The SPMSQ also includes items that many item analysts would expect to be locally dependent. One example involves a pair of questions that require the respondent to state his or her age, and then his or her date of birth. Huber (1993) combined those two items into a testlet with four response categories: both correct (++), age correct and date of birth incorrect (+−), age incorrect and date of birth correct (−+), and both incorrect (−−). Figure 3.4 shows the
Figure 3.4 Nominal model trace lines for the four response categories for Huber’s (1993) SPMSQ testlet scored as reporting both age and date of birth correctly (++), age correctly and date of birth incorrectly (+−), age incorrectly and date of birth correctly (−+), and both incorrectly (−−)
nominal model trace lines for the four response categories for that testlet. While one may confidently expect that the −− response reflects the highest degree of dysfunction and the ++ response the lowest degree of dysfunction, there is a real question about the scoring value of the +− and −+ responses. The nominal model analysis indicates that the trace lines for +− and −+ are almost exactly the same, intermediate between good and poor performance. Thus, after the analysis with the nominal model one may conclude that this testlet yields four response categories that collapse into three ordered scoring categories: ++, [+− or −+], and −−.
Thissen and Steinberg (1986) showed that a number of other item response models may be obtained as versions of the nominal model by imposing constraints on the nominal model’s parameters, and further that the canonical parameters of those other models may be made the αs and γs estimated for the nominal model with appropriate choices of T matrices. Among those other models are Masters’ (1982) partial credit (PC) model (see also Masters and Wright, 1997) and Andrich’s (1978) rating scale (RS) model (see also Andersen (1997) for relations with proposals by Rasch (1961) and Andersen (1977)). Thissen and Steinberg (1986) also mentioned in passing that a version of the nominal model like the PC model, but with discrimination parameters that vary over items, is also within the parameter space of the nominal model. That latter model was independently developed and used in the 1980s by Muraki (1992) and called the generalized partial credit (GPC) model, and by Yen (1993) and called the twoparameter partial credit (2PPC) model.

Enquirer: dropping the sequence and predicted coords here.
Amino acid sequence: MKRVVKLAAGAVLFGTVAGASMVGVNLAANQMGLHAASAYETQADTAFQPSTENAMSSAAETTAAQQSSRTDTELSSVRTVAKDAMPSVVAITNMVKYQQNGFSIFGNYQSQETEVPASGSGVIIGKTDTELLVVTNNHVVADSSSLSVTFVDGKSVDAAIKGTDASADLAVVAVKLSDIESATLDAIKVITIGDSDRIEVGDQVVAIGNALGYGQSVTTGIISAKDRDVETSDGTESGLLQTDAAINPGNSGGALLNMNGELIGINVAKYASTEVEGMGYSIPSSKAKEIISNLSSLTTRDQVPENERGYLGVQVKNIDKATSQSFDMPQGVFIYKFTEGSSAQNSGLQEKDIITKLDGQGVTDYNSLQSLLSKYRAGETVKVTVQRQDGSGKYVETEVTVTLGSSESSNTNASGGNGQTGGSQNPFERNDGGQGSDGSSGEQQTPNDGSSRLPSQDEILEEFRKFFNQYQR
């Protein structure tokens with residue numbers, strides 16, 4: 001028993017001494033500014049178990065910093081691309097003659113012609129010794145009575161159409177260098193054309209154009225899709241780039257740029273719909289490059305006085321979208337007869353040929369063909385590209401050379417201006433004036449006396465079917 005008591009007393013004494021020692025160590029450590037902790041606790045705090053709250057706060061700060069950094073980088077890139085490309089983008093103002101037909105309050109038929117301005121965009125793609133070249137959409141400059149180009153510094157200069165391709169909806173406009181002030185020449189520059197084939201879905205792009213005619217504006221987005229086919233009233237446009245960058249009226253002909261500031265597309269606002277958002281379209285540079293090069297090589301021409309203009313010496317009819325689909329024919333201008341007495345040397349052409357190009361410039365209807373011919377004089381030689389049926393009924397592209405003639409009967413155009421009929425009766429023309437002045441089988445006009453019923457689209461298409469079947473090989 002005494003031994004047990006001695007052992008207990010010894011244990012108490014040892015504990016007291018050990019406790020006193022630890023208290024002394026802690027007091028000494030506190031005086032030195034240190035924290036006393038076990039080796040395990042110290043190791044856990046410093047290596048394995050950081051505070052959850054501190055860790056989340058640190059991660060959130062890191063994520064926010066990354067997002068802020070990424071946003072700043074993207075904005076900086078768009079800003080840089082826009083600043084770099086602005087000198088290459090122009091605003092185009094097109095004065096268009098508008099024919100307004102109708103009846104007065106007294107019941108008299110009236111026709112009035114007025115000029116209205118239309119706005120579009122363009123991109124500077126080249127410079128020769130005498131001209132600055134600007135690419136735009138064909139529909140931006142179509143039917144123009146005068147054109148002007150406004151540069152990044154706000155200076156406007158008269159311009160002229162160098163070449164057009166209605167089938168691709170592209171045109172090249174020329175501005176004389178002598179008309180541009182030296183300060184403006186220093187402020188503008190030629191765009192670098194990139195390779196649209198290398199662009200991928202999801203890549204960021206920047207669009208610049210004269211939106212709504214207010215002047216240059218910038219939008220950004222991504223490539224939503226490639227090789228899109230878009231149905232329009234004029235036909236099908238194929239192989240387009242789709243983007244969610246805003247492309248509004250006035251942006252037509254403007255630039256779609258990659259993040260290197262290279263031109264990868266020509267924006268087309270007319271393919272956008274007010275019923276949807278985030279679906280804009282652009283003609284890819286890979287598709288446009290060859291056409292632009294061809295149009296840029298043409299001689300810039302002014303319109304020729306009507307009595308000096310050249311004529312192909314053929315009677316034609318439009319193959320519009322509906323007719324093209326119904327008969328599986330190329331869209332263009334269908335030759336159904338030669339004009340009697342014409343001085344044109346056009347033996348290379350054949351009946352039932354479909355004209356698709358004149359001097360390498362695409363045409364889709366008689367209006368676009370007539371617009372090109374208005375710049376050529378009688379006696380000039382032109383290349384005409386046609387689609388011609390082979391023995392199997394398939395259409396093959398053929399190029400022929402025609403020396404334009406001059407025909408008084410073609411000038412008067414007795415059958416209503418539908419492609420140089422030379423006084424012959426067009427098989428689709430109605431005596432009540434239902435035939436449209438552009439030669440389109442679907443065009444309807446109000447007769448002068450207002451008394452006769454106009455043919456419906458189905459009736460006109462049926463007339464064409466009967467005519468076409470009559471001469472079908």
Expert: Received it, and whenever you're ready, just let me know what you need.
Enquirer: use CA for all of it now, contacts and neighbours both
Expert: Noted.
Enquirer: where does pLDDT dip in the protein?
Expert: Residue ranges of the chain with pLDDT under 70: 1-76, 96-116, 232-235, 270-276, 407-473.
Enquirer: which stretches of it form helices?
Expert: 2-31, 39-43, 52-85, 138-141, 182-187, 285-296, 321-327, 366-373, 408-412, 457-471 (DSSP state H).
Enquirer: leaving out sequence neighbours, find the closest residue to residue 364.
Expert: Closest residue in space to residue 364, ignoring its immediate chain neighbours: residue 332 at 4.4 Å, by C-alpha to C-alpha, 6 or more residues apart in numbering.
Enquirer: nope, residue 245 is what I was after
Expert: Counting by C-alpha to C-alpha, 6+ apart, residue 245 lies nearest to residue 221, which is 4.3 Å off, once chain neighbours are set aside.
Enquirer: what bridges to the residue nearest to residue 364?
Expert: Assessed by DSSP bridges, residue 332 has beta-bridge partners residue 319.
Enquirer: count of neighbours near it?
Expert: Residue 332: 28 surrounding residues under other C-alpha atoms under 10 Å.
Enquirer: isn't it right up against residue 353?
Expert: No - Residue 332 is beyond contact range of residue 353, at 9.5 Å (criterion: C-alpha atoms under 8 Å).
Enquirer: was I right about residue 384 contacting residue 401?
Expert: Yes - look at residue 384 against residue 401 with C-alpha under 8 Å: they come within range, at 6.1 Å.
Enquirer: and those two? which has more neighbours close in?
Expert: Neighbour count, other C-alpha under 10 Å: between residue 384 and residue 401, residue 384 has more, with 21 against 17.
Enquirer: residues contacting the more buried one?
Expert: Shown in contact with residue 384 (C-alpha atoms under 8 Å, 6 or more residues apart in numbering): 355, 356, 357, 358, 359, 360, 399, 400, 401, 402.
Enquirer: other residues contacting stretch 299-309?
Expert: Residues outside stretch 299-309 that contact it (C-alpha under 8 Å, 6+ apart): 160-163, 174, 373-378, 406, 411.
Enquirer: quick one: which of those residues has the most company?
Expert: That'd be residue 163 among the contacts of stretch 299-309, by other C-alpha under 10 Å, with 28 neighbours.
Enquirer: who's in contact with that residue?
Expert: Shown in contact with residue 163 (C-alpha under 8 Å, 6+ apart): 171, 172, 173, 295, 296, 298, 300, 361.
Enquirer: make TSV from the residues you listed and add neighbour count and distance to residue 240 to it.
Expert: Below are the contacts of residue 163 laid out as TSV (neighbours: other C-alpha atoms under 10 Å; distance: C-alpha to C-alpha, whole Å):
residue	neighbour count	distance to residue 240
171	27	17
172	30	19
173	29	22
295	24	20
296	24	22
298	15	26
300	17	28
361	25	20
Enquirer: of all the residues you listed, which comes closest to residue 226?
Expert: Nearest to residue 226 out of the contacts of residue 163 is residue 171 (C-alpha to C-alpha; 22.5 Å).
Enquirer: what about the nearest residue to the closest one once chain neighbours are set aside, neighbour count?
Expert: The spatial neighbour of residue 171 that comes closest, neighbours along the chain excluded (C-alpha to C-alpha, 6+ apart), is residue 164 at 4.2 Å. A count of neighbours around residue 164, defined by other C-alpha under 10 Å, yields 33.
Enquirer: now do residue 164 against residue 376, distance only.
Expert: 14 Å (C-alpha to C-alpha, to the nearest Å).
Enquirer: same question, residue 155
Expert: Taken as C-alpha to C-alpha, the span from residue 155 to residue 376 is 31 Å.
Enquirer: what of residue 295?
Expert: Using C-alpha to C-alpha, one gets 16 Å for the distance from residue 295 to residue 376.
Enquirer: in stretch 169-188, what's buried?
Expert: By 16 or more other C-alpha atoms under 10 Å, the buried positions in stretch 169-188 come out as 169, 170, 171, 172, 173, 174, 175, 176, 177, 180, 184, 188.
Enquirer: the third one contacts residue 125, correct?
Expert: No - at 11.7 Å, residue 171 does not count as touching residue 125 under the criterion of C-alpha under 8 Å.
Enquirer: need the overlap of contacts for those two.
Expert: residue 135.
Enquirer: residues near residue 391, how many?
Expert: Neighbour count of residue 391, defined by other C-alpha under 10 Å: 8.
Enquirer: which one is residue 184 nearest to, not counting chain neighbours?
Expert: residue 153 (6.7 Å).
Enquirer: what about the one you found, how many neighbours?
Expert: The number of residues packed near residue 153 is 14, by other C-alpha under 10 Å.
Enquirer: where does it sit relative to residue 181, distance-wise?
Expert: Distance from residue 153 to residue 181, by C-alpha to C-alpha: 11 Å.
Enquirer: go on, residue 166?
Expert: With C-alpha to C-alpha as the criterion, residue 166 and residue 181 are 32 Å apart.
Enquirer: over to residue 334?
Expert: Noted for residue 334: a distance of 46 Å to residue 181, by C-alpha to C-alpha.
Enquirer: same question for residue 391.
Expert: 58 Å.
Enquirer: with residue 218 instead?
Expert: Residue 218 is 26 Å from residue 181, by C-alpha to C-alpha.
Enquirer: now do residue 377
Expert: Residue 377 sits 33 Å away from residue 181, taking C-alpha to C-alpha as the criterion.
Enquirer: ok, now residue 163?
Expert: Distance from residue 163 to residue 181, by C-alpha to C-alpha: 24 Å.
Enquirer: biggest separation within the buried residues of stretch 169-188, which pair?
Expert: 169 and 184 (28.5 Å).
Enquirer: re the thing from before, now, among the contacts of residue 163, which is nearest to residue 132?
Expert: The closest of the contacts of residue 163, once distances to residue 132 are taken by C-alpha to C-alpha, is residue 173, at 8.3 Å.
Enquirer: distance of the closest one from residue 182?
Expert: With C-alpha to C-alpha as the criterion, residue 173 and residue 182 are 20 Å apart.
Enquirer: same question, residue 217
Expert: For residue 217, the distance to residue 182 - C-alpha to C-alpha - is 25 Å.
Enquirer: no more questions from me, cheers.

Notational Difference: Remember this model was presented slightly differently in Chapter 2:
Muraki (1992, 1997) has used several parameterizations to describe the GPC model, among themwith the constraint thatand alternativelyin which
Muraki’s parameterization of the GPC model is closely related to Masters’ (1982) specification of the PC model:
Notational Difference: Here the authors use θ to refer to the latent variable of interest where Masters (see Equations 5.22 and 5.23 in Chapter 5) and Andrich (see Equations 6.24 and 6.25 in Chapter 6) typically refer to the latent variable using β. This θ/β notational difference will be seen in other chapters and is common in IRT literature.
with the constraint
Andrich’s (1978) RS model iswith the constraintsand
Thissen and Steinberg (1986) described the use of alternative T matrices in the formulation of the nominal model. For example, when formulated for marginal estimation following Thissen (1982), Masters’ (1982) PC model and Andrich’s (1978) RS model use a single slope parameter that is the coefficient for a linear basis function:
Masters’ (1982) PC model used a parameterization for the threshold parameters that can be duplicated, up to proportionality, with this T matrix for the cs:
Terminology Note: The authors use the term threshold here, whereas in other chapters these parameters are sometimes referred to as step or boundary parameters.
Andrich’s RS model separated an overall item location parameter from a set of parameters describing the category boundaries for the item response scale; the latter were constrained equal across items, and may be obtained, again up to proportionality, with
Andrich (1978, 1985) and Thissen and Steinberg (1986) described the use of a polynomial basis for the cs as an alternative to T_{c(RSC)} that “smooths” the category boundaries; the overall item location parameter is the coefficient of the first (linear) column, and the coefficients associated with the other columns describe the response category boundaries: